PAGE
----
If you have a daily habit of making coffee at home, just think about the quantity of coffee grounds you produce in a week of brewing. Now imagine a small cafe. Now imagine a large, chain cafe. That’s a lot of waste.
Globally, coffee production is estimated to be responsible for upwards of 23 million tons of waste per year. Part of dealing with waste is to begin with entirely rethinking the term “waste.” There are a growing number of businesses and individuals finding unique ways to repurpose coffee grounds (in ink for example) so that it’s not waste, but instead, a potential new resource. One of those ways is in textiles.
Twelve years ago, Singtex CEO Jason Chen and his wife Amy Lai (Senior Vice President of Singtex) went to a cafe. They overheard someone ask for the cafe’s old coffee grounds so that they could take them home and use them as a natural odor absorber (this is a common use for coffee grounds, much like baking soda). “My wife suddenly hit on a wild idea and asked me whether such things could be made into clothing to decrease the smell from men?” says Chen. What started as a joke turned into a business idea, and Chen worked with scientists and researchers to develop a yarn that was partially made from coffee grounds, resulting in the launch of a line of coffee fabric called S.Café.
Coffee grounds are cleaned to extract the oils (which are in turn used in cosmetics), and then ground down to a nano scale. They are then mixed with nylon or polyester—in the case of S.Café, it’s mixed with recycled versions of these compounds—to create a technical yarn with qualities like anti-odor capability.
This is a sought-after characteristic particularly when it comes to performance clothing, and mixing compounds with synthetic fiber to achieve certain technical capabilities is nothing new. Before synthetic fabrics we wore natural fibers, some of which have inherent qualities that are replicated in synthetic fibers. Wool, for example, has antimicrobial properties owed to lanolin, and when turned into textiles does not retain odors. Synthetic fibers are different, and without an additive hold onto odors more easily than natural materials. Textile companies therefore have to recreate those properties with synthetics by adding in additional elements to create performance technical fabrics, often embedding chemicals into the yarns, leading to a fashion and sportswear industry that’s rife with chemical additives.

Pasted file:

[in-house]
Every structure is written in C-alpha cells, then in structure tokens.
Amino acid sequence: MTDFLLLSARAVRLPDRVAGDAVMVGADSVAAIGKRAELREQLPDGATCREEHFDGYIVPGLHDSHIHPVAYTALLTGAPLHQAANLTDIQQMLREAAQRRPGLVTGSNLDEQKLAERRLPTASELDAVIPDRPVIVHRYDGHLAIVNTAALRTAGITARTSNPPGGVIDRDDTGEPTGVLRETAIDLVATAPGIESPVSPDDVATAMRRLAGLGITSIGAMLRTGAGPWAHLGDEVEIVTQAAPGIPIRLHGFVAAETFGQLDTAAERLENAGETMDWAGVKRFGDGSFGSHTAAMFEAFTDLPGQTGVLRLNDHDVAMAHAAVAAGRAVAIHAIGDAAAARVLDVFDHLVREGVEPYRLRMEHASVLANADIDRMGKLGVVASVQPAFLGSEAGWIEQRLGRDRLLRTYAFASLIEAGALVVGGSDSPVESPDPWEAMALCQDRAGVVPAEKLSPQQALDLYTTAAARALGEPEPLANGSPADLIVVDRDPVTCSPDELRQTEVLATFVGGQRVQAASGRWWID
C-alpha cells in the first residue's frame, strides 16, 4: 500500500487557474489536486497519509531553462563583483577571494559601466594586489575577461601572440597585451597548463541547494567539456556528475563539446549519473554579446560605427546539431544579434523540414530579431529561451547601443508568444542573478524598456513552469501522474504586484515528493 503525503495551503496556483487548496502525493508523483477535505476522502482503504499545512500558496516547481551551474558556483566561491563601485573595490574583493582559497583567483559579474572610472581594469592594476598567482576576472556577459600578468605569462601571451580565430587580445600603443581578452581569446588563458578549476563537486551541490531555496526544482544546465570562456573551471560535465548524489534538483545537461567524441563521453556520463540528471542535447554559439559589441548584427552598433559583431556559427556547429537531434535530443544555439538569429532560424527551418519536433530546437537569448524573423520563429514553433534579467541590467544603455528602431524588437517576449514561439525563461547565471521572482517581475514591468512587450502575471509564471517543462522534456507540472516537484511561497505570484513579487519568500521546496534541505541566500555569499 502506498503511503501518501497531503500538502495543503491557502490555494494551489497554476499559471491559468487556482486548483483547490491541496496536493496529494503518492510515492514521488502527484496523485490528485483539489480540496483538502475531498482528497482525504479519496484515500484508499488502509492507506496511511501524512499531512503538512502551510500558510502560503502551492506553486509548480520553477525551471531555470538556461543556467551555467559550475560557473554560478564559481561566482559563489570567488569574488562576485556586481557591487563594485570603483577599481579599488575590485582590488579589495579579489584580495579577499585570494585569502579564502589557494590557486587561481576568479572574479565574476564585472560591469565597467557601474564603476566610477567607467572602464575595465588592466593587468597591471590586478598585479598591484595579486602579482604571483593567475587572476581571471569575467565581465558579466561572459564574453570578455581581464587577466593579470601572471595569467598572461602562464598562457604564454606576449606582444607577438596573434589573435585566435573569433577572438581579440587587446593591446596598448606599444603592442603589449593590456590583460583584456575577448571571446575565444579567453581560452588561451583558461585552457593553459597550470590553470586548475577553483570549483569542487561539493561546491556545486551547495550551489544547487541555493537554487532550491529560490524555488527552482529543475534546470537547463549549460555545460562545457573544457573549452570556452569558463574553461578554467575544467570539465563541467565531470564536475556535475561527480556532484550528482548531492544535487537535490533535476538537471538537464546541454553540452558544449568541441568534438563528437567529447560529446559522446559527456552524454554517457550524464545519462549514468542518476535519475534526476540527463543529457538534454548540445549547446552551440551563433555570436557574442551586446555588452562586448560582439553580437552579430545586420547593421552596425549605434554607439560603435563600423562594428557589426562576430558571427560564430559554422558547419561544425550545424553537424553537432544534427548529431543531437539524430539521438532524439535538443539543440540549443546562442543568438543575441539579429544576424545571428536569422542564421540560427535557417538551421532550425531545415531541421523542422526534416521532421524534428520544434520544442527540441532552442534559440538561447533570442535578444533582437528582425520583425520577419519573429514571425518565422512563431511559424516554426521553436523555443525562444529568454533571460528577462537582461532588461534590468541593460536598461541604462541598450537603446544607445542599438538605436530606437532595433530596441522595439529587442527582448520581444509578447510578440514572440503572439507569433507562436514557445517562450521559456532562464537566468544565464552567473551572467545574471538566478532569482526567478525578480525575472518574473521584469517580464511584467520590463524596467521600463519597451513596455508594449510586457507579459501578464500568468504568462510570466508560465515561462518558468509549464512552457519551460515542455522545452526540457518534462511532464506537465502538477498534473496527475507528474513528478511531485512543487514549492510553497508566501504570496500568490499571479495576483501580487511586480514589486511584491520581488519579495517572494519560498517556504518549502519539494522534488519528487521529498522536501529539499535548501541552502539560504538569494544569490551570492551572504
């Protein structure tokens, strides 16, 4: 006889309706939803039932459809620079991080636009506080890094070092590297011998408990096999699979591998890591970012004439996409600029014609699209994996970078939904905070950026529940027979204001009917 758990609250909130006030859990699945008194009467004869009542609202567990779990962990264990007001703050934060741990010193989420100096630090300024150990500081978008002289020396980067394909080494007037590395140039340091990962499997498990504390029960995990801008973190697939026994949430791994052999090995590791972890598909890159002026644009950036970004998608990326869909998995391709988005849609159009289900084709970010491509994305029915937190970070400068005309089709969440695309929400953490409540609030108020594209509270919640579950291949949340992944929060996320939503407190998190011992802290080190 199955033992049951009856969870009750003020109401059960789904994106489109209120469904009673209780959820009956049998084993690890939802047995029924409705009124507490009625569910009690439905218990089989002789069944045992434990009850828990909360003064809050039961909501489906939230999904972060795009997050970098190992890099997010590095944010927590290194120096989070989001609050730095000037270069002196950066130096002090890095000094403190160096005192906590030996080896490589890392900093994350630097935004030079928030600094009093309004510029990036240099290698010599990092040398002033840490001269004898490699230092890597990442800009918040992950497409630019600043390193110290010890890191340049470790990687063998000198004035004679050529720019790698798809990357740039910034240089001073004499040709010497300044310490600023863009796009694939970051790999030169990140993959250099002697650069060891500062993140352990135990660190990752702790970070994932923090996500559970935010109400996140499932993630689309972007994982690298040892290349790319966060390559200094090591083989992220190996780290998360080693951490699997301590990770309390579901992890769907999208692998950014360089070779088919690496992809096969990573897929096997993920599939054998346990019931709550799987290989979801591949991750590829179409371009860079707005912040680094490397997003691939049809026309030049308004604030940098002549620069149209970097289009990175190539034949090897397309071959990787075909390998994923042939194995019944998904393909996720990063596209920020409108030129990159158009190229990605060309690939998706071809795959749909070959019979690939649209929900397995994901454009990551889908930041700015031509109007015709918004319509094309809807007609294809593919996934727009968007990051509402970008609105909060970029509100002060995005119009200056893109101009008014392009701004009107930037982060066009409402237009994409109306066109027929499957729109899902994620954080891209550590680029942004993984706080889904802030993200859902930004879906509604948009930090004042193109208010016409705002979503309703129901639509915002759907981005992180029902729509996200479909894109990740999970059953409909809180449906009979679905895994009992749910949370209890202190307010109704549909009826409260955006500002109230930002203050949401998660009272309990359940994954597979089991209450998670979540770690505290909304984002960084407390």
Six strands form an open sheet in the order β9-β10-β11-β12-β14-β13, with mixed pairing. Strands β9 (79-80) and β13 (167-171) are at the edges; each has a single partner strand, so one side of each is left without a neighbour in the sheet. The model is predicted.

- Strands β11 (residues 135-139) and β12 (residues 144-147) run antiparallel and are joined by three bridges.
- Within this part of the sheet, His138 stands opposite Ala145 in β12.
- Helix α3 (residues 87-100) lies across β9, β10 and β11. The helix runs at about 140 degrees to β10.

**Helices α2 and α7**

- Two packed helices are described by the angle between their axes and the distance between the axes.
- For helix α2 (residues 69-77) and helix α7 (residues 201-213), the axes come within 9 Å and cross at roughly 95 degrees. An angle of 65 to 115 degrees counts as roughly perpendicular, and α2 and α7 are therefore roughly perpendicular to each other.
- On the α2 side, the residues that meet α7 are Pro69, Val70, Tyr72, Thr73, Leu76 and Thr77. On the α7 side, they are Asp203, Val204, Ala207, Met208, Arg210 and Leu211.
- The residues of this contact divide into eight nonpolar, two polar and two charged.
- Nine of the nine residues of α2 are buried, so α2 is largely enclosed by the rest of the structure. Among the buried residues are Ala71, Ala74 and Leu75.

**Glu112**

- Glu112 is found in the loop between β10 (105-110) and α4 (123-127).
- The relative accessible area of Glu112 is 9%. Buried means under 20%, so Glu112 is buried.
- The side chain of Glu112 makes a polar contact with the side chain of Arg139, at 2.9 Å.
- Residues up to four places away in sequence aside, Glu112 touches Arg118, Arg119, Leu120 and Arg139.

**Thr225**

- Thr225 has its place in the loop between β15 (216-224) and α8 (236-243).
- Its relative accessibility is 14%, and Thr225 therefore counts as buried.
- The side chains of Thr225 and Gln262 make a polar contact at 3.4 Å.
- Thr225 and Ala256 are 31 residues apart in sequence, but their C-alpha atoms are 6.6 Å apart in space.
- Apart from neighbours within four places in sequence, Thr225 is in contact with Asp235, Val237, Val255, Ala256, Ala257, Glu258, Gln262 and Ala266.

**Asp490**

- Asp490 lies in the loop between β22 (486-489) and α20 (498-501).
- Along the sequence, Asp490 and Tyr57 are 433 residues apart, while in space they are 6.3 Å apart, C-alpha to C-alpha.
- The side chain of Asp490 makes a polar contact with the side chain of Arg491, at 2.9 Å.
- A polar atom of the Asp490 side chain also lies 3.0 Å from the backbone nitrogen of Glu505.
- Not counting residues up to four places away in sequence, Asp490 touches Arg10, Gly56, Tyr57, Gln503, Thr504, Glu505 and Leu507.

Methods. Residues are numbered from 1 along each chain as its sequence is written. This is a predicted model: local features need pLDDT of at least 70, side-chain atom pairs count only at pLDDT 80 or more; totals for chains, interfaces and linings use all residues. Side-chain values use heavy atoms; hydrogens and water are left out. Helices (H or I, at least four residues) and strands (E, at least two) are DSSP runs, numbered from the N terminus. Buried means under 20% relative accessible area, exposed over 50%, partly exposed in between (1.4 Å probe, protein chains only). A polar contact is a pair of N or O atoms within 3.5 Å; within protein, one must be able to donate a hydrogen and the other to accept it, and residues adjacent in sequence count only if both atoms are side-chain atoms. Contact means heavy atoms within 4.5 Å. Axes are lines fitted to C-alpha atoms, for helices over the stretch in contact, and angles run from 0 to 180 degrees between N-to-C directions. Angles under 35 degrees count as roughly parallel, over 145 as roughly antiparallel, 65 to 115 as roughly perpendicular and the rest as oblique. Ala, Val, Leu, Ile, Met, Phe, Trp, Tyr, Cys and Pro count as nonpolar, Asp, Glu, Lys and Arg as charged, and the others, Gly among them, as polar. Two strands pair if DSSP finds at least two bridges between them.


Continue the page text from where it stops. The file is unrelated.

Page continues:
Using coffee grounds to do this is marketed as a greener alternative, both because it makes use of a resource that would otherwise go to waste, and it provides an alternative to using more conventional chemicals to achieve a similar performance capability. “Due to upcycling and eco-friendly concepts, plus the fact that the features of waste coffee grounds themselves are quite suitable for clothing—as well as material-saving and energy efficiency—we are lucky enough to have upcycled waste coffee grounds for unprecedented green processes of fabric manufacturing,” says Chen. Other technical qualities of the yarn include UV protection.
The S.Café yarn and resulting fabric is comprised of about 5% upcycled coffee grounds (sourced from places in Taiwan like Starbucks and 7-11) and 95% recycled PET. Chen estimates that a piece of clothing made uses the grounds of about three cups of coffee and five PET bottles.
This yarn has been attractive to companies looking to make products differently. The list of S.Café clients is long, including sustainable yoga and activewear company Rumi X, American Eagle (they made coffee jeans), Timberland, and The North Face. Smaller, more niche brands like Sundried, Five12 Apparel, and Ecoalf are also experimenting with the potential of recycled coffee fabric, riding the wave of a rising demand from consumers looking to make more responsible purchases.